From an intuitive point of view. I can’t say that I would choose to drink or eat plastic. And there’s evidence now that a lot of our bottled water, actually our tap water as well, has plastic in it because it’s in the atmosphere. Once it breaks down, it’s in the wind, it’s everywhere.

Allie: So, this is on the same level as what people who are worried about microfibres and microbeads and all that sort of stuff. It’s the same level of like, it becomes tiny, but that doesn’t mean it goes away. 

Lucy: Correct. It doesn’t go away and it’s not only—one of the most heavily promoted polluting aspects of it is with our marine wildlife, because there’s those terrible images that are around of, you know, whales washing up and just full of plastic, of, you know, chicks starving because their well-meaning parents are feeding them plastic when they’re collecting it from the ocean, mistaking the different colours for different fish. Those heartrending stories and they’re really, yeah, really disturbing.

There’s also other wildlife that, you know, land-based wildlife that has been affected. One of the issues with promoting, or we don’t promote the use of biodegradable bags because they will inevitably end up in landfill. And actually, because they’re biodegradable, they will contribute to methane gas because it’s essentially like putting compost into landfill. There is no solution other than taking your own bag and using it again and again, and again, and again. Laughter

Allie: I feel like climate change and global warming and catastrophic effects potentially in the future for us all is just so large and overwhelming that people are like “I don’t even know what to do. I’m just going to keep living my life because I don’t even, I don’t even know what to do.”

And I feel like at least getting rid of plastic bags and trying to find other ways of transporting and packaging things and all of that stuff is something that’s really tangible for people.

Lucy: Yeah. One of the reasons that the plastic bags have been targeted by, I guess, the waste groups and other campaigners, is that it actually seems to be the low hanging fruit. It’s the stuff that can be achieved. So, it’s hard to sometimes not get frustrated when you think “Why is this not easier?”

Yeah. But you’re right. It’s something very tangible. And I think that it’s really important that we do have those small actions and bring it back to what we can do because I think you’re right that it is quite overwhelming. I think that it’s completely underestimated the mental health effects that the knowledge of climate change that, you know, this entire, well, many generations, has now and particularly ours and anyone younger, I think the stress of living with that knowledge is…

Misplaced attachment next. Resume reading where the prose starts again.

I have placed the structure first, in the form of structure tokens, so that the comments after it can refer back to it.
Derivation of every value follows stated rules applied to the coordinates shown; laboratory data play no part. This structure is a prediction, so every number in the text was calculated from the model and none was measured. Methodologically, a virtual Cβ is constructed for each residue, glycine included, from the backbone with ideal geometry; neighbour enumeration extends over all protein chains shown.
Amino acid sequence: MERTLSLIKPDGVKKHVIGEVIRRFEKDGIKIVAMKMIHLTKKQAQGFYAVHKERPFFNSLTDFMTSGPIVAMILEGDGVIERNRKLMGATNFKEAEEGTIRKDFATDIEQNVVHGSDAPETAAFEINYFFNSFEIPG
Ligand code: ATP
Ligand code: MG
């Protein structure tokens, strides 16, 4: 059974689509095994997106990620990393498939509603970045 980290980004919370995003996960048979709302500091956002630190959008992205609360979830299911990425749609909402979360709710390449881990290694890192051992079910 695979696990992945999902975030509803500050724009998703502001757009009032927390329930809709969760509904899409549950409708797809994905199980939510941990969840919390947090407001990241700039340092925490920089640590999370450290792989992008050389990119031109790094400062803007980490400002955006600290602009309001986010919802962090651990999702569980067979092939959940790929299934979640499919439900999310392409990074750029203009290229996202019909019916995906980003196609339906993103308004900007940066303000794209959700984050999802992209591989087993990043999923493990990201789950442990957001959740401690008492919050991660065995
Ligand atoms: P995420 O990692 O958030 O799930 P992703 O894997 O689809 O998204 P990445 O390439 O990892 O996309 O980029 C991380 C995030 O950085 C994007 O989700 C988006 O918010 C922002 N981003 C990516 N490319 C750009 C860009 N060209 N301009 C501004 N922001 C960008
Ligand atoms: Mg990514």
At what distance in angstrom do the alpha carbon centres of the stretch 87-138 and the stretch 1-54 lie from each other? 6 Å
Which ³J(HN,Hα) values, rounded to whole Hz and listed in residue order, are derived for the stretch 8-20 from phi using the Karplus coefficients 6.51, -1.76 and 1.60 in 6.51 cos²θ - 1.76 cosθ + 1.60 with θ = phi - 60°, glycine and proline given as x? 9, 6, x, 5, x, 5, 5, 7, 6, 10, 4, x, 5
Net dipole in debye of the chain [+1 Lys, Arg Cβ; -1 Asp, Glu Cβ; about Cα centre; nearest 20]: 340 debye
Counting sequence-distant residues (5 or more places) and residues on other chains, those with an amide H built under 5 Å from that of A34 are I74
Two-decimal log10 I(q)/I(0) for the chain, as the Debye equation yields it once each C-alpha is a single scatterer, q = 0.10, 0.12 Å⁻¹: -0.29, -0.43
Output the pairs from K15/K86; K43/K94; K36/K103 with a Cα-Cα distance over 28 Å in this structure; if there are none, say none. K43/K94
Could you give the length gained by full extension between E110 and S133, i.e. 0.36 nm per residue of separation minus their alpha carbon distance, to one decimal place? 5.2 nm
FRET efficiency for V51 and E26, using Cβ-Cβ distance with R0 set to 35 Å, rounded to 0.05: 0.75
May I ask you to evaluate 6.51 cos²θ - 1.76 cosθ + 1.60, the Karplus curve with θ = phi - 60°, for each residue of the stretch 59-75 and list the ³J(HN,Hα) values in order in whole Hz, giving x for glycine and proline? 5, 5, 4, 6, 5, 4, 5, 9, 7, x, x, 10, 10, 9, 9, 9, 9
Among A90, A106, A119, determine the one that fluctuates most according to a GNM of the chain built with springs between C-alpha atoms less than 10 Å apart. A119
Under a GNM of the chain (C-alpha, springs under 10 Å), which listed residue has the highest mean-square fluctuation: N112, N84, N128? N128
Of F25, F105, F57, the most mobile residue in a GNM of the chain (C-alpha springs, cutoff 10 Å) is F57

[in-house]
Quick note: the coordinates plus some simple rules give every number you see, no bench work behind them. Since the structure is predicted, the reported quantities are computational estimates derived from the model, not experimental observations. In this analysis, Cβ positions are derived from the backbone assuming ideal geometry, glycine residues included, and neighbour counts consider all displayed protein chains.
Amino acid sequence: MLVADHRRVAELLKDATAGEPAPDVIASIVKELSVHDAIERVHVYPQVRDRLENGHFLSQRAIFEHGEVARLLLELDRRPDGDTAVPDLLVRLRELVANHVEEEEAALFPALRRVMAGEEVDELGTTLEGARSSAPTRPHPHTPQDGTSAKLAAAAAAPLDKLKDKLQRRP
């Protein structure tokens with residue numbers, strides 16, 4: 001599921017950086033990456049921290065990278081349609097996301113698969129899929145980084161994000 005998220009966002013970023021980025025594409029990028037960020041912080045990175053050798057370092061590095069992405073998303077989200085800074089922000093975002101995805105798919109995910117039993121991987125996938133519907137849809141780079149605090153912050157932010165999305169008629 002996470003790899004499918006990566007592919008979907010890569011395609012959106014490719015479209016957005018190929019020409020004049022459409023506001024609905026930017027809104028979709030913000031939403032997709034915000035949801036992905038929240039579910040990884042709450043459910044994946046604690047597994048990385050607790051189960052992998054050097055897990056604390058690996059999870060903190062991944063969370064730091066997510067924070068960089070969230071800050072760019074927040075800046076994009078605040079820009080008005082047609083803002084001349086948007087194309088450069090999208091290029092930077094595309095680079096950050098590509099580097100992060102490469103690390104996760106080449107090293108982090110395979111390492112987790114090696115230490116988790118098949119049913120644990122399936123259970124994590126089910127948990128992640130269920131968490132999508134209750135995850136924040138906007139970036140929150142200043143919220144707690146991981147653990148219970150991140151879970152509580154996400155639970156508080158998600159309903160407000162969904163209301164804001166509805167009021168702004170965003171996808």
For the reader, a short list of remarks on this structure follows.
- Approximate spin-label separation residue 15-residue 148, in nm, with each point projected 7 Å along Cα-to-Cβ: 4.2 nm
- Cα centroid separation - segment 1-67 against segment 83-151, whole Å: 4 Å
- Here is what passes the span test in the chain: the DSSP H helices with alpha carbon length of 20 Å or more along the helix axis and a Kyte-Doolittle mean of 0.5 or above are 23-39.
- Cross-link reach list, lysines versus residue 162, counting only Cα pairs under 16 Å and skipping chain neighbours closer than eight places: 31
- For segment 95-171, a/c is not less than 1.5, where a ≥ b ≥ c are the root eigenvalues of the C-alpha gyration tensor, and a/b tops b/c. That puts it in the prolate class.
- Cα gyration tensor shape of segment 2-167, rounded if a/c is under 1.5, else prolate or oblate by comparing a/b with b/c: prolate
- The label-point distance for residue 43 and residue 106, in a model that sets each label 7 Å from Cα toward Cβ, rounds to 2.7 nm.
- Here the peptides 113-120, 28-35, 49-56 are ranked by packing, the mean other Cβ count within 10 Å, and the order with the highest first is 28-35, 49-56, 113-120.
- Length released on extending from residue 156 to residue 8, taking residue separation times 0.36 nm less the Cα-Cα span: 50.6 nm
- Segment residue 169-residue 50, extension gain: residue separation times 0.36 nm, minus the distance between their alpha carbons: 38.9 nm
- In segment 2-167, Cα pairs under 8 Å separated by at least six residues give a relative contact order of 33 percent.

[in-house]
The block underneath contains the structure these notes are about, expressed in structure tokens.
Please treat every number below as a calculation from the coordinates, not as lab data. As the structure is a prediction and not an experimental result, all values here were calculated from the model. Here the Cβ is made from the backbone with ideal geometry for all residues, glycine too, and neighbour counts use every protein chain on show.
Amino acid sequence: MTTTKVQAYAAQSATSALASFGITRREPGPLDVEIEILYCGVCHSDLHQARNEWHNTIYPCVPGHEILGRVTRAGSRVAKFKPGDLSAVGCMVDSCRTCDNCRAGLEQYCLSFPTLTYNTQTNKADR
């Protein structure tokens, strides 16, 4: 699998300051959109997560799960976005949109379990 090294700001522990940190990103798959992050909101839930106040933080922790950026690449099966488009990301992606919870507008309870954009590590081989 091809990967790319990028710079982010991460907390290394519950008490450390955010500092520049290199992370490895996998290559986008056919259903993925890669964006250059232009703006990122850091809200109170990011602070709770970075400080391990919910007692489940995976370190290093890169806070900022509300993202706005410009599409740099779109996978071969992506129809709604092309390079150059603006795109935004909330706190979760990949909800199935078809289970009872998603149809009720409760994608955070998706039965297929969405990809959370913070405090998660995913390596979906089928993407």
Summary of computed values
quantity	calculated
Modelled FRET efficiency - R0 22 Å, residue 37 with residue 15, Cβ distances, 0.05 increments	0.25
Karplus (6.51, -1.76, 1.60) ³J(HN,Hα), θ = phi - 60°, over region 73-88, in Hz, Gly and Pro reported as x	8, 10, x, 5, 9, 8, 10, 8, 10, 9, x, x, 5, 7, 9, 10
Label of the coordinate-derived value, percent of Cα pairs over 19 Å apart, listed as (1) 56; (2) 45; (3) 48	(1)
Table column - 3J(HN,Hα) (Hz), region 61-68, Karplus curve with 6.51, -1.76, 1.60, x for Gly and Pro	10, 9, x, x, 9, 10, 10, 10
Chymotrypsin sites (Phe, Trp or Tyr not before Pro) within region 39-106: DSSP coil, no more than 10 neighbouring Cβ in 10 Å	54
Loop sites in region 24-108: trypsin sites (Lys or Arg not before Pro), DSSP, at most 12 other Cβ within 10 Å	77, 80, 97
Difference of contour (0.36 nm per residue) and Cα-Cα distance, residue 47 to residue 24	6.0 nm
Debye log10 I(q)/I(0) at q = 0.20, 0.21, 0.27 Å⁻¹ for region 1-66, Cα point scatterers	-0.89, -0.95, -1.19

Allie: A looming threat that we can’t actually do much about because it’s global and it’s about industry and governments rather than our own little lives. 

Lucy: That’s right. Yeah. I think we can do things and I think we have to do things. I guess one of the things that keeps me involved in local and community projects is that belief that, you know, governments can’t do it and corporations won’t do it. And so, we’re the ones that have to do it and we have to lead from the ground. And I know that that’s, you know, that’s complicated and I have absolute admiration for people that can continue to work at a campaign level that’s dealing with government and policy.

I think it needs to come from both directions but I guess my own way of sustaining myself in the world is to, you know, to use it, that phrase “to be the change”. And I do think that’s the most powerful thing that we can do. 

Allie: So, I feel like, and I might be living in a little bubble, but I feel like a lot of people have just accepted that climate change is really a thing. I know there’s  sort of stalwarts of resistance in the community, like… Why do you feel like there’s so much resistance at the corporate and government level to doing everything we can to combat climate change.

Lucy: Because there’s profit in it. And I don’t think that there is much resistance to the knowledge that climate change is real.

I think there’s, that’s kind of the other edge of the 1%. It gets far more airplay than what it should. There really isn’t any question around climate change. That’s my well researched belief. But I think that there are definite forces at play that keep, you know, feeding that doubt.

I don’t really have any great theories about how that corporate dominance continues to be enabled but I guess I do think that it’s mostly about people’s brains being switched off. That it’s, partly, it’s too big. “How can we deal with it?” That stuff that you were talking about. So “actually I’ve just got to live my life”. You know, people talking about living in the real world. I think the real world in that sense is just our lives, what we can deal with. And so, I think that there are very clever marketers in the corporate world that keep us disempowered.